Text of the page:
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As John Lewis lies in state at US Capitol, some criticize president’s absence

Lewis's motorcade stopped at Black Lives Matter Plaza near the White House as it wound through Washington before arriving at the Capitol, where the late congressman becomes the first Black lawmaker to lie in state in the Rotunda.
The hearse with the flag-draped casket of Rep. John Lewis, D-Ga., drives up Independence Avenue, as a woman on the left kneels, Monday, July 27, 2020, in Washington. (AP Photo/Alex Brandon, Pool)
The hearse with the flag-draped casket of Rep. John Lewis, D-Ga., drives up Independence Avenue, as a woman on the left kneels, Monday, July 27, 2020, in Washington. (AP Photo/Alex Brandon, Pool) [ ALEX BRANDON | AP ]
Published Jul. 27, 2020|Updated Jul. 27, 2020

The body of John Lewis was placed in the U.S. Capitol rotunda Monday afternoon as one of the last public homages to the civil rights pioneer and fierce congressman.

Ceremonies and events have taken place in Atlanta, Selma, Alabama, and now the place where the venerable lawmaker spoke on policies that made an impact in Washington, D.C., and beyond. Lewis, who died July 17 at age 80, is the first Black person to lie in state in the Capitol's rotunda. Rep. Elijah Cummings became the first Black lawmaker to lie in state at the Capitol after his death last year.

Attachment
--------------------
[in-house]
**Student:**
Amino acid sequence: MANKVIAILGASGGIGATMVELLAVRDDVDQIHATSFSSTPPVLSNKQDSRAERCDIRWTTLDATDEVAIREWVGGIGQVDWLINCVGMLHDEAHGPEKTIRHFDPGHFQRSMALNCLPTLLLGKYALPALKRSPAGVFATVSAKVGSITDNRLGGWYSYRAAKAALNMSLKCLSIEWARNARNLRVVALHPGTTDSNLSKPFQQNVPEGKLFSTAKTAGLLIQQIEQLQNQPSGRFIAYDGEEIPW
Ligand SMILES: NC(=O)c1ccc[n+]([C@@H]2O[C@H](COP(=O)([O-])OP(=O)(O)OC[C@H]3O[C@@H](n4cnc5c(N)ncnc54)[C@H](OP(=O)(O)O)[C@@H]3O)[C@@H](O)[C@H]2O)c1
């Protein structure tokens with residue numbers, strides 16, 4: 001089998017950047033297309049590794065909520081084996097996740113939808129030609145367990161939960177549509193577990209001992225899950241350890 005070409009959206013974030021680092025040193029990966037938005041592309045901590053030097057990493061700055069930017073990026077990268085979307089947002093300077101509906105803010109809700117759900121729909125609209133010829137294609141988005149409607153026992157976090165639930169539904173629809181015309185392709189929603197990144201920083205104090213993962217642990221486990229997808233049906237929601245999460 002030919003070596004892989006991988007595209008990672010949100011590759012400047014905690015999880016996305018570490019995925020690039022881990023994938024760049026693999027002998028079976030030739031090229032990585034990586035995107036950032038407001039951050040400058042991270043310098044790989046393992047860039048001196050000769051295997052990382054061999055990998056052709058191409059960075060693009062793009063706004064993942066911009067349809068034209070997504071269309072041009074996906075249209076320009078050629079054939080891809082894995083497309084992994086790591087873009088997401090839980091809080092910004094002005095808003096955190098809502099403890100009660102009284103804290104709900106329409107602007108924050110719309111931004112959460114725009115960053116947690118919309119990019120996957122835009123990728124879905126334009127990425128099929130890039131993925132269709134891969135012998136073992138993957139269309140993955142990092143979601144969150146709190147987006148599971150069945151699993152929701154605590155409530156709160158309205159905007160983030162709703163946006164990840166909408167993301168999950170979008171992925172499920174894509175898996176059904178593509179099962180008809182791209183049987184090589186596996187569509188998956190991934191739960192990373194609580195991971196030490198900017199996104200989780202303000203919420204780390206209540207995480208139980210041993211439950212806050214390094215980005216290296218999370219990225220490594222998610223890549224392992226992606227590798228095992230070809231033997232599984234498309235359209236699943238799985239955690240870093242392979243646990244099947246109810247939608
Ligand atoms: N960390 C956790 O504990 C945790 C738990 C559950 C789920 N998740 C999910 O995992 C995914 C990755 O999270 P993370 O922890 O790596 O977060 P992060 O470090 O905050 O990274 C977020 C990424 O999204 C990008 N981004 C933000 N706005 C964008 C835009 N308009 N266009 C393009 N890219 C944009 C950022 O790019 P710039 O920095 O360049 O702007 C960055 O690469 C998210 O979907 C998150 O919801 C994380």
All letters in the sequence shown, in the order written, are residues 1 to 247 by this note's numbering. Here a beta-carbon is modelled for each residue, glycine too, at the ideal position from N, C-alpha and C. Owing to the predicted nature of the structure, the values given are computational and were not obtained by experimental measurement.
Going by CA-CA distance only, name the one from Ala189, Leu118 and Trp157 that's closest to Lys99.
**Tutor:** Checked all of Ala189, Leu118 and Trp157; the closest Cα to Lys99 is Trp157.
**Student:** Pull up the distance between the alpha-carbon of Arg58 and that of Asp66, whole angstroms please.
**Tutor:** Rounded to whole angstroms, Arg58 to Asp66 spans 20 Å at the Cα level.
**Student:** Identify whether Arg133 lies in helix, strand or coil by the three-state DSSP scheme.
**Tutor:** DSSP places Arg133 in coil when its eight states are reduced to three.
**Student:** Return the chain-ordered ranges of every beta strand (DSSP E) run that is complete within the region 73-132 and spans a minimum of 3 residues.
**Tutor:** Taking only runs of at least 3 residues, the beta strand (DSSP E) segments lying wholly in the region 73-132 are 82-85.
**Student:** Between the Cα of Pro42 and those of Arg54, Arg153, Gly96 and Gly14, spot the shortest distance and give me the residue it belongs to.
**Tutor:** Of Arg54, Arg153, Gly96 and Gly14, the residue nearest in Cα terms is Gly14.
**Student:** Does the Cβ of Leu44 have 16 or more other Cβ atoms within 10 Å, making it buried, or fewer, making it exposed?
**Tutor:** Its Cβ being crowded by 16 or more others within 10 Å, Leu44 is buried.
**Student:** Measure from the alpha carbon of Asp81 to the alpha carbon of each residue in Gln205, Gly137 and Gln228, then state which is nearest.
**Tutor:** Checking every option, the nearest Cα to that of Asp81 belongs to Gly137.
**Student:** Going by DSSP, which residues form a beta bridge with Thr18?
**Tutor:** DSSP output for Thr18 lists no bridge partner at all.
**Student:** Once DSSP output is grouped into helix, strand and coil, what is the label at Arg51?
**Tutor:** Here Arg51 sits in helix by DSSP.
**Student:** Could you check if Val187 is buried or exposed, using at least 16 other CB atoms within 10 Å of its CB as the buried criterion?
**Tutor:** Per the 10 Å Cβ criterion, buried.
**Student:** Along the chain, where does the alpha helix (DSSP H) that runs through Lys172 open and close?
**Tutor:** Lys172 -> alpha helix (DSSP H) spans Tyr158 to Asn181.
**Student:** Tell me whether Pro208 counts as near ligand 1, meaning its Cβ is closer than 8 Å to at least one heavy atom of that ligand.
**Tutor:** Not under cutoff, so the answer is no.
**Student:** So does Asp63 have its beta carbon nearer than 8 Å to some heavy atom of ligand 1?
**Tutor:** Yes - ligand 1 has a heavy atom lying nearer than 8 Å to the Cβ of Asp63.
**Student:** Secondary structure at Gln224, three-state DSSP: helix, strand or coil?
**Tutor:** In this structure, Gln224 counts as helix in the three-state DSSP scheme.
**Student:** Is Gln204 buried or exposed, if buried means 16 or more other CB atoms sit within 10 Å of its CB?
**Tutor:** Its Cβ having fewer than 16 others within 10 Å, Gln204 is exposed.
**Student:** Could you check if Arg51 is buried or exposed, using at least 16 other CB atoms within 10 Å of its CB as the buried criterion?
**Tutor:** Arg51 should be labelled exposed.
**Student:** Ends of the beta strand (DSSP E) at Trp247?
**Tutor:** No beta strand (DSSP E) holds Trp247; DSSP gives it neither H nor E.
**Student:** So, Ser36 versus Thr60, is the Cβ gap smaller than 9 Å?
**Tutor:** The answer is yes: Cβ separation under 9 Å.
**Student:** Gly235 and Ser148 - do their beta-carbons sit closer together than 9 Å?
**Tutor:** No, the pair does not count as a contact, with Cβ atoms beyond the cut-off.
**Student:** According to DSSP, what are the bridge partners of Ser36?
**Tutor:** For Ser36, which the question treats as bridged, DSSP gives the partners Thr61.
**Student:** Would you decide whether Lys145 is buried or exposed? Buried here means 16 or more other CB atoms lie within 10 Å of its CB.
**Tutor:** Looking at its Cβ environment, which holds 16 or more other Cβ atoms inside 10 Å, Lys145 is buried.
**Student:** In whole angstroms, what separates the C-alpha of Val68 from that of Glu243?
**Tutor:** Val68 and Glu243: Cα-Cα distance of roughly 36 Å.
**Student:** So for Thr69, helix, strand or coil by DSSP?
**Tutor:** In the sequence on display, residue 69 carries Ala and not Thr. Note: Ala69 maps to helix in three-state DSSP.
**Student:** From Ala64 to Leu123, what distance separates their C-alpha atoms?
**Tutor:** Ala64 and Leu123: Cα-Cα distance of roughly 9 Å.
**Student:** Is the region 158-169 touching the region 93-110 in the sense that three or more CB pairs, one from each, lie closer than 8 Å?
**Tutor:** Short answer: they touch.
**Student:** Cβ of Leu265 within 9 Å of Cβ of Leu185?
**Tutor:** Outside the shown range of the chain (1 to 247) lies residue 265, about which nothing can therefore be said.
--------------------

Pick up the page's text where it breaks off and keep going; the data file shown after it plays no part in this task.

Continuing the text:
Several online onlookers have been tuned in leading into the ceremony honoring Lewis at the U.S. Capitol Monday afternoon. In an unusual occurrence, a serviceman slated to help carry the congressman's casket into the rotunda Monday passed out after reportedly overheating. He was able to walk away with assistance to get care.

While most spectators were focused on each careful step in carrying Lewis' body into the Capitol, others focused on the officials who were not present. President Donald Trump was not in attendance during the D.C. event honoring Lewis _ nor was the president present during the previous events.

Trump in recent days confirmed he didn't plan to attend.

House Speaker Nancy Pelosi was the first person to speak during Monday's event, which she said sought to "acknowledge his sacred life."

Senate Majority Leader Mitch McConnell also spoke at the event. He reminisced about Lewis' upbringing in rural Pike County, Alabama. Lewis' family was raised in a humble home with no running water or electricity.

"It would've been hard to conceive back then that the young child tending to his family's chickens would be leading the movement to redeem America's society," McConnell said.

Despite the kind words spoken from McConnell about Lewis, some criticized his appearance and statements.

Pelosi spoke about her former colleague a second time during the event before she played audio of Lewis speaking about the significance of being willing to be entangled in "good trouble." Several spectators sitting in the Capitol's rotunda listened with somber looks and some with tears welling in their eyes.

Emotions continued to stir as Florida pastor and Christian vocalist Wintley Phipps hummed and sung the lyrics to the legendary hymn "Amazing Grace."

Some famous names, including Sen. Elizabeth Warren, D-Mass., spoke about the future plans that are in play to honor Lewis, including Rep. Jim Clyburn, D-S.C., reportedly planning to introduce a voting bill bearing Lewis' name.

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